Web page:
Saturday Apr 07, 2007

More on Trust

[Earlier, I have written about the concept of "trust," including trust in the cyberspace. I have also shared a paper and pointed to Oliver Williamson's analysis of the concept of trust and to his papers on credible commitments, comparing it to the analysis Thomas Schelling offers in his work on conflict and strategy.]

Michelle Dennedy, Sun Microsystems' Chief Privacy Officer, has written a note about "trust" in which she gives the formula: "GOOD MANNERS x STANDARDS x TRANSPARENCY x TIME = T R U S T...maybe."

Here is my analysis of this formula which I think is a bit different from Dennedy's. 

The time element has to do with repeated transactions and/or long-term relationships.  Through repeated transactions with a particular party we gradually become familiar. An element of "reputation" is introduced. In long-term relationships (of business or other kind), parties to the transaction often make relationship-specific investment, through which they come to "trust" each other more because they have mutual stakes that will be lost if the relationship is broken.

The transparency element has to do with an openness which again produces mutual stakes. Each party knows valuable information about the other party to the transaction. This alleviates some of the information asymmetries which often lead to a lack of "trust."

With standards, we can define or at least bound the rules of the game. Laws contain standards and permitted mechanisms for their application. Knowing the rules of the game to be the same for both parties leads the transacting parties to understand how the other party will react under certain circumstances. Standards, like transparency, also help with reducing information asymmetries.

We can think of good manners as an adequate implementation of standards. If one does not exercise good manners, one will most probably have broken the standards, one may then find no choice out the quagmire but to become less transparent, which often will lead one to be less worthy of long-term relationships through time. Thus, one becomes less trust-worthy.

Addendum

By way of extracting a few paragraphs from one of my comments on this entry, I'd like to share another formula.

First, note that good manners, consistency of behavior and standards all can be categorized under the same element, perhaps "consistency" ...

On the other hand, transparency has a lot to do with information exchange and asymmetries. Such mutual "hostages" (a la Thomas Schelling and Oliver Williamson) in the form of valuable information on one's transacting partner can actually cement "trust" by creating mutuality of vulnerabilities.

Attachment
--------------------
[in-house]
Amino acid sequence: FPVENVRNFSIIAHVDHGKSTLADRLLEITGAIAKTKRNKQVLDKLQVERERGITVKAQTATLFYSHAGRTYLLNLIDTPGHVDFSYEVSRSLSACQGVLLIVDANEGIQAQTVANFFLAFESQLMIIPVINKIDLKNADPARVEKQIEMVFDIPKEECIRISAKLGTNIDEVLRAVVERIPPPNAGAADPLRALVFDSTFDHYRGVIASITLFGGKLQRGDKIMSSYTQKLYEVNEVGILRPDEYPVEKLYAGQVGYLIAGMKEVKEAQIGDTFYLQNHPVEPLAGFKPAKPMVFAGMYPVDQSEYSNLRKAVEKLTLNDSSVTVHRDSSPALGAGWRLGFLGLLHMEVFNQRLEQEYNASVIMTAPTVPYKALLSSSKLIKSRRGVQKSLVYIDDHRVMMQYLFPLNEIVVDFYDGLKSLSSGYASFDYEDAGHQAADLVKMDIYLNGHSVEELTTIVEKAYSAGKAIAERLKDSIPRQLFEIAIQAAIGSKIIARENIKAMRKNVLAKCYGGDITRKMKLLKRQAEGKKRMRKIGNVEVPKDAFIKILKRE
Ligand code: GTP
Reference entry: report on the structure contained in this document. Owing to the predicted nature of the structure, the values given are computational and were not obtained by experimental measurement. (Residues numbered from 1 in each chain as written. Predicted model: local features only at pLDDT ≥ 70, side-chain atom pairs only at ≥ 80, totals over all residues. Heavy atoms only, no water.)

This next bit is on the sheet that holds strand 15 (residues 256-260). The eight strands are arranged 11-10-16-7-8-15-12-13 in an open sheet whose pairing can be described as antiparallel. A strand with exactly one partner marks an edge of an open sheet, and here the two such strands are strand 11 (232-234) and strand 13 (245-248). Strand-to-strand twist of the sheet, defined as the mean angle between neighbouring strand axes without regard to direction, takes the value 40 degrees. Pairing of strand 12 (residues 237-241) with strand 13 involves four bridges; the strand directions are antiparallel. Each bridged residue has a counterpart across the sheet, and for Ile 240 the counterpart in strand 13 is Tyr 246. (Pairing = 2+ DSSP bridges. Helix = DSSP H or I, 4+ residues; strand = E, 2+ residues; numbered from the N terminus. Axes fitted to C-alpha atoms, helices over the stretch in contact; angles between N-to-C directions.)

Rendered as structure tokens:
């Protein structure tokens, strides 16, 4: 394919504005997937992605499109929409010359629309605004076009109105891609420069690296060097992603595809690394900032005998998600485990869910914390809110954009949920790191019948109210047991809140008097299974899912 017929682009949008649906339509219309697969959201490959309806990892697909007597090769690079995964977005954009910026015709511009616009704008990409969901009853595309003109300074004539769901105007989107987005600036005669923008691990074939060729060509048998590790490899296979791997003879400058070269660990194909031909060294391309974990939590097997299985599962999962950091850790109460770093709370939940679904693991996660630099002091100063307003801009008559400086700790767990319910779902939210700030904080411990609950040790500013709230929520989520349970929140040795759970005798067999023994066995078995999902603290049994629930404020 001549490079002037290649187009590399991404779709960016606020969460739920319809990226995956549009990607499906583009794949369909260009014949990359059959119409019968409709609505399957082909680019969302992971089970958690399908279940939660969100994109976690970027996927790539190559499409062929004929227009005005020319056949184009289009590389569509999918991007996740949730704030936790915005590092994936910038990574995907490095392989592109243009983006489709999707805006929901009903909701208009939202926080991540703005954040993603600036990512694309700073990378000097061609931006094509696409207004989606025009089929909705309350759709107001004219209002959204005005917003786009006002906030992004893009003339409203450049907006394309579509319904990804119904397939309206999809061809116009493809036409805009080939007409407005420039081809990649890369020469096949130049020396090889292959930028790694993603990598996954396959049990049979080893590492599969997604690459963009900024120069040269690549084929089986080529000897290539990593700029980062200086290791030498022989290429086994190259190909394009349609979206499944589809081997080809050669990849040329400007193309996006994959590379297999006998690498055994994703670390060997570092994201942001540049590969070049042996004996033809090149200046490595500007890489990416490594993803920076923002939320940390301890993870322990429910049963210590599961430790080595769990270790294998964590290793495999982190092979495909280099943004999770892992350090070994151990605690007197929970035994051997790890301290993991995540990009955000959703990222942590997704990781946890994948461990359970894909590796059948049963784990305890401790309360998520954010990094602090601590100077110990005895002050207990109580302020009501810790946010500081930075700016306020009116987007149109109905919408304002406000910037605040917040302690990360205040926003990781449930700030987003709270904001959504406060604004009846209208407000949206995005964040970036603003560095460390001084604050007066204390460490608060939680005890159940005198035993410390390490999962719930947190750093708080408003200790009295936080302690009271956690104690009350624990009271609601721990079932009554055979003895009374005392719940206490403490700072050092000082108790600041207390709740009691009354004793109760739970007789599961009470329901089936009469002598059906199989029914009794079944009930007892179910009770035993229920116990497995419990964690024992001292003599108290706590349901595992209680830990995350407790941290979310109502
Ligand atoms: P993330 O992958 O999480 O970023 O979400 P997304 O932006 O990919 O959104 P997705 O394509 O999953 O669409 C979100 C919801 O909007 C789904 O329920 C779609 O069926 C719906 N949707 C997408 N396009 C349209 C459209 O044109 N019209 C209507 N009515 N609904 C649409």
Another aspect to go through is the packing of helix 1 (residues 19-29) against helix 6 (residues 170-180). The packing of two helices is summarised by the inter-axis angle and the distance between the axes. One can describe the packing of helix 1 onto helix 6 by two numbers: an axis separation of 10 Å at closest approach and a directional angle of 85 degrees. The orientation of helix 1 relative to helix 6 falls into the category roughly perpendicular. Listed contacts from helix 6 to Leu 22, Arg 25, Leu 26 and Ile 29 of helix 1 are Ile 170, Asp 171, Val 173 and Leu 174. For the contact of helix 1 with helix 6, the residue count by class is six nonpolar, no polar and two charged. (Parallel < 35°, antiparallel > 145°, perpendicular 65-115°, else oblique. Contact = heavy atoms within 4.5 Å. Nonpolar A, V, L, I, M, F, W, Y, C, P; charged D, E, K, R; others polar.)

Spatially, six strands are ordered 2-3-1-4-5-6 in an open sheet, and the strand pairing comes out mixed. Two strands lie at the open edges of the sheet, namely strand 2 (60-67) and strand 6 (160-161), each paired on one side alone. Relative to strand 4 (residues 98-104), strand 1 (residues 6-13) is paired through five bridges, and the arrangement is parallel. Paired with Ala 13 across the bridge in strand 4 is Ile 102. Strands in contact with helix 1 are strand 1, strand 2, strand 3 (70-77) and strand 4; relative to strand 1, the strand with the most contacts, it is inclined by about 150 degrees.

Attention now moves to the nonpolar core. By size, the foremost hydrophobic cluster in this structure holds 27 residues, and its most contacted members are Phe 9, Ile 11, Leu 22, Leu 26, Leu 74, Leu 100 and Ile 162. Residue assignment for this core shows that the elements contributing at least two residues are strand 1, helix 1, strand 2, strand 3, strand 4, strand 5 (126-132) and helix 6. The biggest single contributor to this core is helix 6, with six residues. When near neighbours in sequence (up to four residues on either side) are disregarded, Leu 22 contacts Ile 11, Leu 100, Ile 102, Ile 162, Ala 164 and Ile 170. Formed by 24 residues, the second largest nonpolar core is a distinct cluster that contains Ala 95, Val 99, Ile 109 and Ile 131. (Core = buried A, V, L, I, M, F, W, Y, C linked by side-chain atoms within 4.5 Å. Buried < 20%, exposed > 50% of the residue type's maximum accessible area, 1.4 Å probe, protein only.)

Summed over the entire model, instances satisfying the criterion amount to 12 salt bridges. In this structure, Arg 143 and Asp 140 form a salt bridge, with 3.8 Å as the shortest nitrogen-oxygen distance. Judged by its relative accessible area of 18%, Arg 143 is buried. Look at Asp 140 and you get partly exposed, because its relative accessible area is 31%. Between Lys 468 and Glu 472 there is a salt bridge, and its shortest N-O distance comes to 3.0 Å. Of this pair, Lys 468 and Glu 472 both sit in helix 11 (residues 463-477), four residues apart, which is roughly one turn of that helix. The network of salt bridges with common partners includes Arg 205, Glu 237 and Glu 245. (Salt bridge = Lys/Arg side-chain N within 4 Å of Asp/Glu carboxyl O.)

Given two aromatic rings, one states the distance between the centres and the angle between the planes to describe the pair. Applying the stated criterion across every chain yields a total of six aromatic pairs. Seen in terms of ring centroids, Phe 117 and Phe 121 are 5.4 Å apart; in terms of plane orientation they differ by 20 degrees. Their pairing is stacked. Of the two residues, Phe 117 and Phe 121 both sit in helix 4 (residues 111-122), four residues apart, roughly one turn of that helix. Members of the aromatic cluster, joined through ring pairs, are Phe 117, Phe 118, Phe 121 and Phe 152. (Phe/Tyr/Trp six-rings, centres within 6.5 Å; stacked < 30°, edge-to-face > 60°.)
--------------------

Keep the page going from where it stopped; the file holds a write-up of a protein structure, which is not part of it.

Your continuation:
Transparency and information sharing is only one way to cement "trust" relationships through mutual vulnerabilities. Here are some other examples: Employees working for a firm often learn firm-specific skills. They are also often protected by the firm against market ups and downs and receive special benefits for remaining with the firm. Many other examples have to do with mutual investments that could lost in case a "trust" relationship is broken. (Relationships are broken when "trust" is lost.) The "trust" relationships between the U.S. and Europe and between the U.S. and Japan are as much based on tremendous and large mutual investments as on anything else. (See also Hubert Dreyfus' discussion of "trust" in his On the Internet. He describes and gives some real-life examples of how mutual vulnerabilities lead to trust.)

Finally "time" has often more to do with reputation than with "trust." In fact, one may argue that "time" only plays into trust when it leads to greater mutual vulnerabilities in the relationships because of some relationships-specific investment by both parties.

So, an alternate, simpler formula could then be

CONSISTENCY x MUTUAL VULNERABILITIES = TRUST

Some have also argued "consistency" out of the formula because they believe that consistency in relationships grow out of "mutual vulnerabilities" that demand consistent behavior. In this sense, "consistency" multiplier applies to both sides of the equation and can be eliminated from both sides.

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